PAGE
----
Back in London, I resumed my cooking classes and pursued the opportunity to turn the roasted nuts I serve in class into a product. Working with a distributor, Kinomi was born. I had never done anything like this before and I know if it wasn’t for J, I would have given up. By the end of May, I had a product that I could actually start selling. I had really good feedback at the first show I did and there is nothing like having someone who isn’t your friend like what you are selling and actually pay money for it. The next step beyond that is having people who haven’t even met you buy your product. Obviously we all do it all the time but when you’re on the producing end, it’s surreal in a good way. By the end of October I was selling in Harvey Nichols. Hopefully they are selling well enough so that the store is willing to keep stocking me. I even got a little write up on their website http://www.harveynichols.com/hnedit/food-and-wine/whats-in-food-wine/kinomi-nuts-by-hiromi-stone-at-harvey-nichols/. I have also started selling in some local shops and hope to grow the stores I supply in 2012. Any suggestions or leads are most welcome.
My husband came home after a year in Prague and so the whole family went to Hawaii on our summer holiday, including my parents. My niece got married, the first of the nieces and nephews to do so. We became empty nesters in the autumn when my son went off to university. He and his sister are at opposite ends of the country having very different experiences, but they are both enjoying themselves so my day to day obligations as a mom no longer exist. I now enjoy them when they come home and know that the chaos in the house won’t last. They are kind, smart, thoughtful young people and I am very proud of them. And did I mention funny, some of the best times are when we all sit around after a meal and just “banter” as my kids call it.
2011 turned into an unbelievable year for meeting new and wonderful people. I guess it is because I am now doing something specific that I can tell people about, I have met some really interesting people. People have been so supportive and kind, I really appreciate it and hope to do the same for anyone else who might need a hand. I am also settling into the neighbourhood and making new friends. It’s great to feel connected to a neighbourhood and see people you know in the street to have a quick chat. This is probably the friendliest place we’ve lived in, we are very lucky to have found it.
This is definitely turning into a novel so I will sign off. But you can’t look back on 2011 and not mention the earthquake, tsunami and nuclear disaster that hit my country. The people who live in that region are used to natural disasters, they had training days and scenarios worked out for what to do when a tsunami hit. This one exceeded everyone’s expectations and just wiped the area out. As tragic and horrible as it was, they can rebuild. But the man made disaster of a nuclear meltdown, the effects are so long lasting I worry about the future of the region and Japan. As a Japanese person living overseas, I was very proud of the way the Japanese people reacted in the face of the tragedy. I was also touched by the outpouring of support globally The last time I gave any thought to Japan in the world was the 80′s, when Japanese cars were being smashed in Detroit and Japan bashing articles were fairly common in the American press. I guess a lot has changed in 30 years.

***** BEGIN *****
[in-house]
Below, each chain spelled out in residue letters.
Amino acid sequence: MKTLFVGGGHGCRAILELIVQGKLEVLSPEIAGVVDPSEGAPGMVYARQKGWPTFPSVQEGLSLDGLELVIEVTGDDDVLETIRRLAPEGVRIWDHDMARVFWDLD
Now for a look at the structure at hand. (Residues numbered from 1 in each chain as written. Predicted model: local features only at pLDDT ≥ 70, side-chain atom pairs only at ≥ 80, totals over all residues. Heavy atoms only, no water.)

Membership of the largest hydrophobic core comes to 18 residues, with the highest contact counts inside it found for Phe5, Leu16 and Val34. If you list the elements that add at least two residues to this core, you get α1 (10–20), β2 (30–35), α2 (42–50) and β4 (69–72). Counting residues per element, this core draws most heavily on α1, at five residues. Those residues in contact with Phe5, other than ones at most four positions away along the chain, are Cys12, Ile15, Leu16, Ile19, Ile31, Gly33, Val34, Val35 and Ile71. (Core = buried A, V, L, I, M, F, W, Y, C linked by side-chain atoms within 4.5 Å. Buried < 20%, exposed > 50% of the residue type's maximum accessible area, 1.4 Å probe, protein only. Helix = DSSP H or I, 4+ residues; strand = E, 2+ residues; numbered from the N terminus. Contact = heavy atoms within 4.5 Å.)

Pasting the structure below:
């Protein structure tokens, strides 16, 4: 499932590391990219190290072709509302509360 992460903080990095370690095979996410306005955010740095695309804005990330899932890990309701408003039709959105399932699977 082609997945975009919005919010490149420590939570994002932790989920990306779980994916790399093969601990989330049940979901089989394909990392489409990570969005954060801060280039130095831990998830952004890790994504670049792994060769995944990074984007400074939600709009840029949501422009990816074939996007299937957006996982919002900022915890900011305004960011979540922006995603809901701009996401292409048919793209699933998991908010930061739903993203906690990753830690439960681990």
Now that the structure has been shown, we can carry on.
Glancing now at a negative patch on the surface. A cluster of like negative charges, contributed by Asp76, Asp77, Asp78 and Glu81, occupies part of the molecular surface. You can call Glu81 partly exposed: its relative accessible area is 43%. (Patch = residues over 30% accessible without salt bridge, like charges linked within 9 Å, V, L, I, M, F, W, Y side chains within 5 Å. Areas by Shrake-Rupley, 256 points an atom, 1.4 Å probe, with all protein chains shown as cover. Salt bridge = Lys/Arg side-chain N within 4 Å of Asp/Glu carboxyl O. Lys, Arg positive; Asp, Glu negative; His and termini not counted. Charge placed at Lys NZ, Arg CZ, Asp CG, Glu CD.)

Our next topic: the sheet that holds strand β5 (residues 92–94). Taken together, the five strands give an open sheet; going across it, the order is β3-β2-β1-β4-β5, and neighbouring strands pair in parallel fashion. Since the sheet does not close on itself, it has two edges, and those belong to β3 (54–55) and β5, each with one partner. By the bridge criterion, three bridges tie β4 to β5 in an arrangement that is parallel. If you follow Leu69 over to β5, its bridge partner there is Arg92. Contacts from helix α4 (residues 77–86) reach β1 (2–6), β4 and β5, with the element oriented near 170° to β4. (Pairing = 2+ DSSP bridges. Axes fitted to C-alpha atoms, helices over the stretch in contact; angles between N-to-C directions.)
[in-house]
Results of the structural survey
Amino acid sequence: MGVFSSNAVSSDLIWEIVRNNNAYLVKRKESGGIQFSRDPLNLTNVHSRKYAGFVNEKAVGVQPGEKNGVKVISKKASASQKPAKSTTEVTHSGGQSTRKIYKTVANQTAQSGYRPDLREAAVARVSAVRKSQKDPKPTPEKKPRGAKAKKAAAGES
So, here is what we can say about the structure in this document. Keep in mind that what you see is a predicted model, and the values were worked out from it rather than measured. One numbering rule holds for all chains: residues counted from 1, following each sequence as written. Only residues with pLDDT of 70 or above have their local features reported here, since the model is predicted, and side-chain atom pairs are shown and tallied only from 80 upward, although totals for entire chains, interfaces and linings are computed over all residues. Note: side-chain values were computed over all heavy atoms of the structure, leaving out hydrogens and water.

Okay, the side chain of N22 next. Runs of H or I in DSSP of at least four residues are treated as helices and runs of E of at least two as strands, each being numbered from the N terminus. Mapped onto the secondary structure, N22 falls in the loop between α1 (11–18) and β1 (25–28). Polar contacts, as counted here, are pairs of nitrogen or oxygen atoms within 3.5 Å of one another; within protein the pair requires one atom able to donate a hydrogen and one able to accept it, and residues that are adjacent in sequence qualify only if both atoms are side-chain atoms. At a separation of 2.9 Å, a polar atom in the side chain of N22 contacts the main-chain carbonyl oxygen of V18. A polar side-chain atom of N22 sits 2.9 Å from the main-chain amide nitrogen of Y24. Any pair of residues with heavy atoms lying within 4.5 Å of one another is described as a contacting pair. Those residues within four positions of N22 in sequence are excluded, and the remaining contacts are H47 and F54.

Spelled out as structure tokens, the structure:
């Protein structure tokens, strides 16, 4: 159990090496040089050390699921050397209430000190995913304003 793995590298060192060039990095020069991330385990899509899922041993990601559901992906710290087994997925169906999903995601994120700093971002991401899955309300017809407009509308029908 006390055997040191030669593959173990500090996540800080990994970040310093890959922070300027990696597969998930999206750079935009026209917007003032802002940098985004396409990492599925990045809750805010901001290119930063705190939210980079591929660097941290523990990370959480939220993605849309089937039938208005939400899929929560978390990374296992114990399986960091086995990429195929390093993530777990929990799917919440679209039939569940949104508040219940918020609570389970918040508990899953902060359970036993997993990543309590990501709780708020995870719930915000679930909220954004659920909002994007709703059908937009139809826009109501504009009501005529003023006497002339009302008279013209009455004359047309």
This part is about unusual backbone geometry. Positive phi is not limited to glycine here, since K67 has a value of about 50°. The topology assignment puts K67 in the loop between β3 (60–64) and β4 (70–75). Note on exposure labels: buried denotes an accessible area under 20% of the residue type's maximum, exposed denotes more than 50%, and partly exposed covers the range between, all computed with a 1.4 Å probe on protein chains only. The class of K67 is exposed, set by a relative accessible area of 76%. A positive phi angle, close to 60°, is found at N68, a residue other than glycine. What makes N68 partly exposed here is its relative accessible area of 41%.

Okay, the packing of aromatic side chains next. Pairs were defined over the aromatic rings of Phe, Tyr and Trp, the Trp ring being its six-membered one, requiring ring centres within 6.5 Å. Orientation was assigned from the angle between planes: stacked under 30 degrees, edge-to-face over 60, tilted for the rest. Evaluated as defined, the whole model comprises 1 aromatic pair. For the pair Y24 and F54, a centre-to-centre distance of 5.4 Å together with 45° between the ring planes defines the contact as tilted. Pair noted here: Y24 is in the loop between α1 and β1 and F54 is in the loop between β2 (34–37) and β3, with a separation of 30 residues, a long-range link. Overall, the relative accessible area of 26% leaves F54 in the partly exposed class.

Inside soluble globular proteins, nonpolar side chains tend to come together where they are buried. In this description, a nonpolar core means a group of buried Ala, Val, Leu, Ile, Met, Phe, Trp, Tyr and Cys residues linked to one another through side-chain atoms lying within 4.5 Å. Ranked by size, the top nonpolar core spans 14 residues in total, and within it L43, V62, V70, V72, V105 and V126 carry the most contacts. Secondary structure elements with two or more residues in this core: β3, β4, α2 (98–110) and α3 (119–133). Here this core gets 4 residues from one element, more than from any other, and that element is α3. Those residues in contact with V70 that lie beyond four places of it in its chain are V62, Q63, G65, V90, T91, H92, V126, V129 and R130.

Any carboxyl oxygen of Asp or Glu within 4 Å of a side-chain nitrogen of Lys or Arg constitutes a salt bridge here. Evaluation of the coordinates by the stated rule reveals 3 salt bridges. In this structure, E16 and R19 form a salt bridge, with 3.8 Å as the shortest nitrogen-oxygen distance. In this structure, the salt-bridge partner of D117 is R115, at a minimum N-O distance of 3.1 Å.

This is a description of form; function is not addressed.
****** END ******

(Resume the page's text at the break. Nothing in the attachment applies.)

Okay, I’m really done now. I don’t make new year’s resolutions because I’m not that great at reflection or forward planning. I hope that 2012 is a wonderful year for all and may we take a step closer to peace.
It’s now been over a year since I started teaching Japanese cooking in my flat. During the course of that year, I have been fortunate to have had the support of many friends who took my classes as well as a wonderful array of people who have simply come to learn Japanese cooking.
I decided to throw a drinks party for my cooking class students and people who had expressed interest in my classes. It was a good way to launch my autumn classes as well as introduce my students to each other. So I sent out my invites using a spiffy e mail marketing programme and waited to see what would happen. It is hard to plan for numbers when many people don’t RSVP (pet peeve). In the end, I figured between 25-30 people would show up. I planned my nibbles carefully since I wanted to showcase the kind of things they would learn in class but also make it reasonable for me to make quantities for 30 I did a couple of different kinds of sushi, fried tofu balls, salmon and of course, my Kinomi nuts. I also had goody bags with Kinomi nuts and a class schedule to take home. My florist, A florum on Caledonian Road did a spectacular job with the flowers and the flat was ready.
Gorgeous flowers, but I failed to take a photo of the table set with food.